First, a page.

The Case Before the Sixth Circuit Court of Appeals
Affirming the lower court’s decision, the majority of the Sixth Circuit panel held that an arbitration agreement existed and that the delegation provision was valid, so that in the first instance, the (sole) arbitrator, and not the court, had to decide whether the infant plaintiffs could avoid arbitrating their claims.
The delegation provision, which was part of the arbitration agreement set forth in the terms of service on StockX’s website and could be reached through a link, read as follows:
[T]he arbitrator, and not any federal, state, or local court or agency, shall have exclusive authority to resolve any dispute arising out of or relating to the interpretation, applicability, enforceability or formation of this Agreement to Arbitrate, any part of it, or of the Terms including, but not limited to, any claim that all or any part of this Agreement to Arbitrate or the Terms is void or voidable.
StockX, slip op. at 3.
The Current State of the Law Regarding Delegation Provisions
In its majority opinion, the Sixth Circuit panel first outlined the current state of the law as developed by the U.S. Supreme Court. Inasmuch as arbitration is a matter of contract between the parties, “parties may agree to have an arbitrator decide not only the merits of a particular dispute but also ‘gateway’ questions of ‘arbitrability,’ such as whether the parties have agreed to arbitrate or whether their agreement covers a particular controversy.” StockX, slip op. at 5 (quoting Henry Schein, Inc. v. Archer & White Sales, Inc., 139 S. Ct. 524, 529 (2019)). In addition, the parties may specify “the issues subject to arbitration.” Id. (quoting Lamps Plus, Inc. v. Varela, 139 S. Ct. 1407, 1416 (2019)). Thus, “the ‘parties may delegate threshold arbitrability questions to the arbitrator, so long as the parties’ agreement does so by ‘clear and unmistakable’ evidence.’” Id. (quoting Henry Schein, 139 S. Ct. at 530). Emphasizing the point and also citing precedents in the Sixth Circuit, the panel majority went on to say that “even where a delegation provision purports to require arbitration of formation issues, the severability principle does not apply and courts must decide challenges to the formation or existence of an agreement [to arbitrate] in the first instance. . . .” Id. at 6–7 (emphasis added).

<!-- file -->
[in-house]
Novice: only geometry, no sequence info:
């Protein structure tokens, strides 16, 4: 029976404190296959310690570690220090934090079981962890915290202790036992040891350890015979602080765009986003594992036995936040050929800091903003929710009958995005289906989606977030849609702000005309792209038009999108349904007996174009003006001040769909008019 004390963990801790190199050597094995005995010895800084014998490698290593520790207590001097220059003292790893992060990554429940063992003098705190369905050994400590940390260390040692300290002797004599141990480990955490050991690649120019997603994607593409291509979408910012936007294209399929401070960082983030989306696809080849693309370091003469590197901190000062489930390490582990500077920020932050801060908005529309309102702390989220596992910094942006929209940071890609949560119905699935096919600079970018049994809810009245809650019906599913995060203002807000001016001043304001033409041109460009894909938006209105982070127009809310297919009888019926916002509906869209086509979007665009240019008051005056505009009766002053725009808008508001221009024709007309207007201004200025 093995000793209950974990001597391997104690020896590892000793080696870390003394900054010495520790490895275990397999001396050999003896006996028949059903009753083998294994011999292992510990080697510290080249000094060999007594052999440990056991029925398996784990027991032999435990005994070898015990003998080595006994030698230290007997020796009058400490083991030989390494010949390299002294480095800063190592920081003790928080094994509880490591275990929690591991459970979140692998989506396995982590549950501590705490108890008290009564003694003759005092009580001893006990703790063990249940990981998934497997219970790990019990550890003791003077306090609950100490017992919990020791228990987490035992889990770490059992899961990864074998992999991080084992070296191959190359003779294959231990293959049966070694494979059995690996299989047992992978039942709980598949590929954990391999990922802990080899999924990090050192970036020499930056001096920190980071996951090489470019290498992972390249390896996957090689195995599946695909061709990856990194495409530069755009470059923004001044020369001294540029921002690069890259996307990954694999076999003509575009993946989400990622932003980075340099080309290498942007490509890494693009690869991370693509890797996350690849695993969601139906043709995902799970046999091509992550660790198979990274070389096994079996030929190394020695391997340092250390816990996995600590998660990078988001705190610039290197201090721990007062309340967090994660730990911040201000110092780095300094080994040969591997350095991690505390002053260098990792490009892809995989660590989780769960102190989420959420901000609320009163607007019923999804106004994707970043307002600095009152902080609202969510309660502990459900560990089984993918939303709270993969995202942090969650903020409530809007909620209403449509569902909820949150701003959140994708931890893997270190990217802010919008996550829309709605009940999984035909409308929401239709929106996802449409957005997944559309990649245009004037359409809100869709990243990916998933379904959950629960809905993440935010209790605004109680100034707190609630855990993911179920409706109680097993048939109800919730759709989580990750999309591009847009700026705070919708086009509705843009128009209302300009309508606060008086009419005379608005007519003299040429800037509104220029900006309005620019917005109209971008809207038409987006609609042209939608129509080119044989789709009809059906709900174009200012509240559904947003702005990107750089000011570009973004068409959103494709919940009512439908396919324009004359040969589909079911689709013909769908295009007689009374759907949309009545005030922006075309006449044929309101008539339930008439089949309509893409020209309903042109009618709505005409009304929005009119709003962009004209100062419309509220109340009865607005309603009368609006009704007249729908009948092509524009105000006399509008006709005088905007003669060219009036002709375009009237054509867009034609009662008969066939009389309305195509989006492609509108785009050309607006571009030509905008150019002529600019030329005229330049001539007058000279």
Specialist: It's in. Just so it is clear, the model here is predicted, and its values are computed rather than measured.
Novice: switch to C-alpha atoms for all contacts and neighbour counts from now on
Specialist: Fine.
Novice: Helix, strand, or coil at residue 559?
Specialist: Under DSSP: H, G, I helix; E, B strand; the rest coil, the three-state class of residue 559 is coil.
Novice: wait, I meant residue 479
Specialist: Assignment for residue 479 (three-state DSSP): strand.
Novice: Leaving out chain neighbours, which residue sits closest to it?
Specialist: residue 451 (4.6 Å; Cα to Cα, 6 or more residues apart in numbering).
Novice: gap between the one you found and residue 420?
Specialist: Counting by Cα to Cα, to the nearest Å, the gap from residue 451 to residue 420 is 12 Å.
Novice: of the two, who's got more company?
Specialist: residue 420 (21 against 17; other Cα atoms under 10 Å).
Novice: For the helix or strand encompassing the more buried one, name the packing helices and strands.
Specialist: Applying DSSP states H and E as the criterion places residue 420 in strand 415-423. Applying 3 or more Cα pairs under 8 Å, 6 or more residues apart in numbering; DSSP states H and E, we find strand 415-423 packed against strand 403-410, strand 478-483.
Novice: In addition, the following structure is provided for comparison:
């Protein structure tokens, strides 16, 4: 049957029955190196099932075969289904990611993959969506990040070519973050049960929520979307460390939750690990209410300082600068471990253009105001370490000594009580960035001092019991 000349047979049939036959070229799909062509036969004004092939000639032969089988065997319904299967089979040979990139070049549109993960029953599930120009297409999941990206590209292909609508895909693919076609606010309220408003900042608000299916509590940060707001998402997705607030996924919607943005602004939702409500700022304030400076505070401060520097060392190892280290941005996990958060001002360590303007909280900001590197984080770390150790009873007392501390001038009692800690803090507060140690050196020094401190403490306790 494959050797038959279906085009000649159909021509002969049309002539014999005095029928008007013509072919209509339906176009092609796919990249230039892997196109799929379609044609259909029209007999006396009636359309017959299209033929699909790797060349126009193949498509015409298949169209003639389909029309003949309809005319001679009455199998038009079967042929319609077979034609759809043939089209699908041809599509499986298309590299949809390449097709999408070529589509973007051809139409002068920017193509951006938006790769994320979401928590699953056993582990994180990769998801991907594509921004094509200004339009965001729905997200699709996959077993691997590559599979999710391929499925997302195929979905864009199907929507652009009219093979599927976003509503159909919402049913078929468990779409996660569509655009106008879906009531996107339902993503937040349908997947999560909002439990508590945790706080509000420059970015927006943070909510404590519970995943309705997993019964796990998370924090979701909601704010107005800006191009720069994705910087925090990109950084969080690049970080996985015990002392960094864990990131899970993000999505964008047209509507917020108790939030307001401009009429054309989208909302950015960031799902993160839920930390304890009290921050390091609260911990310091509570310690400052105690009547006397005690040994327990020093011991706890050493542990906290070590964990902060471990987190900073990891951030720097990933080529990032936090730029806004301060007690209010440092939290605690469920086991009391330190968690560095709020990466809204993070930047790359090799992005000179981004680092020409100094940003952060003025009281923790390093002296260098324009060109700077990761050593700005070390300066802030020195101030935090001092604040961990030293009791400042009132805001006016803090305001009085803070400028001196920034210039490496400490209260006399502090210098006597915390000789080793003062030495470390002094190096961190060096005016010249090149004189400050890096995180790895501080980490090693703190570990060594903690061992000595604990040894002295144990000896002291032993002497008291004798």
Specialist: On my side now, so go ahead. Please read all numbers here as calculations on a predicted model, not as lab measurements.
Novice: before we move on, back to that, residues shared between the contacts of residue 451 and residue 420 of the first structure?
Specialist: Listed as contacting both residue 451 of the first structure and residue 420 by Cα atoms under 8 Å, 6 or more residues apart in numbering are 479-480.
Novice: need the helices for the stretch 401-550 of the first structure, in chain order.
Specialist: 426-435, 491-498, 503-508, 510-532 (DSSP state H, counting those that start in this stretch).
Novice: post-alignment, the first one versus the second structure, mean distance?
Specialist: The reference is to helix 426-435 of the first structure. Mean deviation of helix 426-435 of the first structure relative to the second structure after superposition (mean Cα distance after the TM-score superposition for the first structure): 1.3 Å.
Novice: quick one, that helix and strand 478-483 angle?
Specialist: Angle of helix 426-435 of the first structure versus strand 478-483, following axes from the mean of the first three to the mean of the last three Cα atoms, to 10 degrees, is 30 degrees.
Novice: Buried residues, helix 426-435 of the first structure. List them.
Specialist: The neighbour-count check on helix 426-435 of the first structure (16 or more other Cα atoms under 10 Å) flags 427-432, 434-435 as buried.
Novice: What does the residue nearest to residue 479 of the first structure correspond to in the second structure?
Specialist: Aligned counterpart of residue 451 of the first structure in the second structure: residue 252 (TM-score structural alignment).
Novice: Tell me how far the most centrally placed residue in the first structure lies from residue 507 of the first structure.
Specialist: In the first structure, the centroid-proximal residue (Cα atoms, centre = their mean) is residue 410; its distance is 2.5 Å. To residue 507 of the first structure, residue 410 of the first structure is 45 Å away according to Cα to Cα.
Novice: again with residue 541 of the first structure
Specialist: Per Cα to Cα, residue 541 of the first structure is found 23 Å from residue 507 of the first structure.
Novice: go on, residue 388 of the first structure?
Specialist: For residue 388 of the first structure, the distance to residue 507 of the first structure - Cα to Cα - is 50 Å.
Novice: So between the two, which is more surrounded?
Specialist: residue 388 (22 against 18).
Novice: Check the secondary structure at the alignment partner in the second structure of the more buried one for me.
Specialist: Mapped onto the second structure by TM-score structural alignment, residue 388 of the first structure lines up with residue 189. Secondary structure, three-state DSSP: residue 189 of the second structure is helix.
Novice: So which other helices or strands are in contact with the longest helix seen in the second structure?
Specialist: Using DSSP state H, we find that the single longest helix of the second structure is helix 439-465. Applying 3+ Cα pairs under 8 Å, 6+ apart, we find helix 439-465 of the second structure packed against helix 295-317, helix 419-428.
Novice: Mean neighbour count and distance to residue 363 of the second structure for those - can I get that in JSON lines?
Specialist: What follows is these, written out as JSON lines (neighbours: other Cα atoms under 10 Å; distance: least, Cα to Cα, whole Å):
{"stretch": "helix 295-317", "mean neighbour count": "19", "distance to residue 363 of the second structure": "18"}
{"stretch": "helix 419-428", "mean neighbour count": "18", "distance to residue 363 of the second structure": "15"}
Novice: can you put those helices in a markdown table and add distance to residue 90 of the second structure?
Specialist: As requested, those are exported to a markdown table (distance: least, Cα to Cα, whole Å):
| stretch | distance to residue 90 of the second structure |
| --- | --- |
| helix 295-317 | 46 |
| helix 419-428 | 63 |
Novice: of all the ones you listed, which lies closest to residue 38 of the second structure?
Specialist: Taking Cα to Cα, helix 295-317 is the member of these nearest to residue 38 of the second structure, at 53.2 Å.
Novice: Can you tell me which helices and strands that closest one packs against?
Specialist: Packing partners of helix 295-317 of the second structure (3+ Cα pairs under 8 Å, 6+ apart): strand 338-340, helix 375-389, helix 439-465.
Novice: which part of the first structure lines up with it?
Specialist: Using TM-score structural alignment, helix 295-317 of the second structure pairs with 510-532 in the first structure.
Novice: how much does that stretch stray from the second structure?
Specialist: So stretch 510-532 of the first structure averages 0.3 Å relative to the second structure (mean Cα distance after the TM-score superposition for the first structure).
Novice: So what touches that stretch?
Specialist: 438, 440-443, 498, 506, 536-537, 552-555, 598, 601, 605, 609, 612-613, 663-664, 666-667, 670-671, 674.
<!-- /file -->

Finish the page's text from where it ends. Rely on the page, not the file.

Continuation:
Based on this analysis, the panel majority saw two distinct issues: “First, we resolve any challenge that pertains to the formation or existence of the contract containing the delegation provision. . . . Second, we decide any remaining enforceability or validity challenge only if it would affect the delegation provision alone or the basis of the challenge is directed specifically to the delegation provision.” Id. at 7–8 (citing Rent-A-Center, W., Inc. v. Jackson, 561 U.S. 63, 71–72 (2010)) (internal quotation marks and brackets omitted).
The panel majority then looked at section 4 of the Federal Arbitration Act, which the panel majority summarized as follows: “[I]f the ‘making of the agreement for arbitration . . . is not in issue,’ the court shall direct ‘the parties to proceed to arbitration,’ but ‘[i]f the making of the arbitration agreement . . . be in issue, the court shall proceed summarily to the trial thereof.’” StockX, slip op. at 10 (quoting 9 U.S.C. § 4). The majority found that the plaintiffs had submitted no evidence that would prove that they had not accepted the arbitration agreement, and the majority therefore proceeded to the second question.
Infant Plaintiffs and Their Right to Avoid the Contract
The effect of an infancy defense on an arbitration agreement raised an issue of first impression. Id. at 15 n.7. The two infant plaintiffs invoked their right to void the agreement. The majority found that this is an enforceability issue and, therefore, a matter of arbitrability to be resolved by the arbitrator. Id. at 12.
Generally, the so-called infancy doctrine permits avoidance of any contract throughout minority and for a reasonable time after reaching adulthood, so long as the minor has not ratified the contract as an adult. Cheryl B. Preston, “CyberInfants,” 39 Pepp. L. Rev. 225, 227 (2013). “The disaffirmance of a contract made by an infant nullifies it and renders it void ab initio; and the parties are returned to the same condition as if the contract had never been made.” Comment, “Deeds: By and to Infants: Effect of Disaffirmance,” 22 Mich. L. Rev. 52 (1923).
The majority in StockX relied on the severability doctrine, which supports recognizing the authority of the arbitral tribunal to decide issues related to fraud in the inducement (Prima Paint Corp. v. Flood & Conklin Mfg. Co., 388 U.S. 395 (1967)), the effect of a usurious interest rate (Buckeye Check Cashing, Inc. v. Cardegna, 546 U.S. 440 (2006)), and unconscionability (Rent-A-Center, 561 U.S. 63). StockX, slip op. at 11.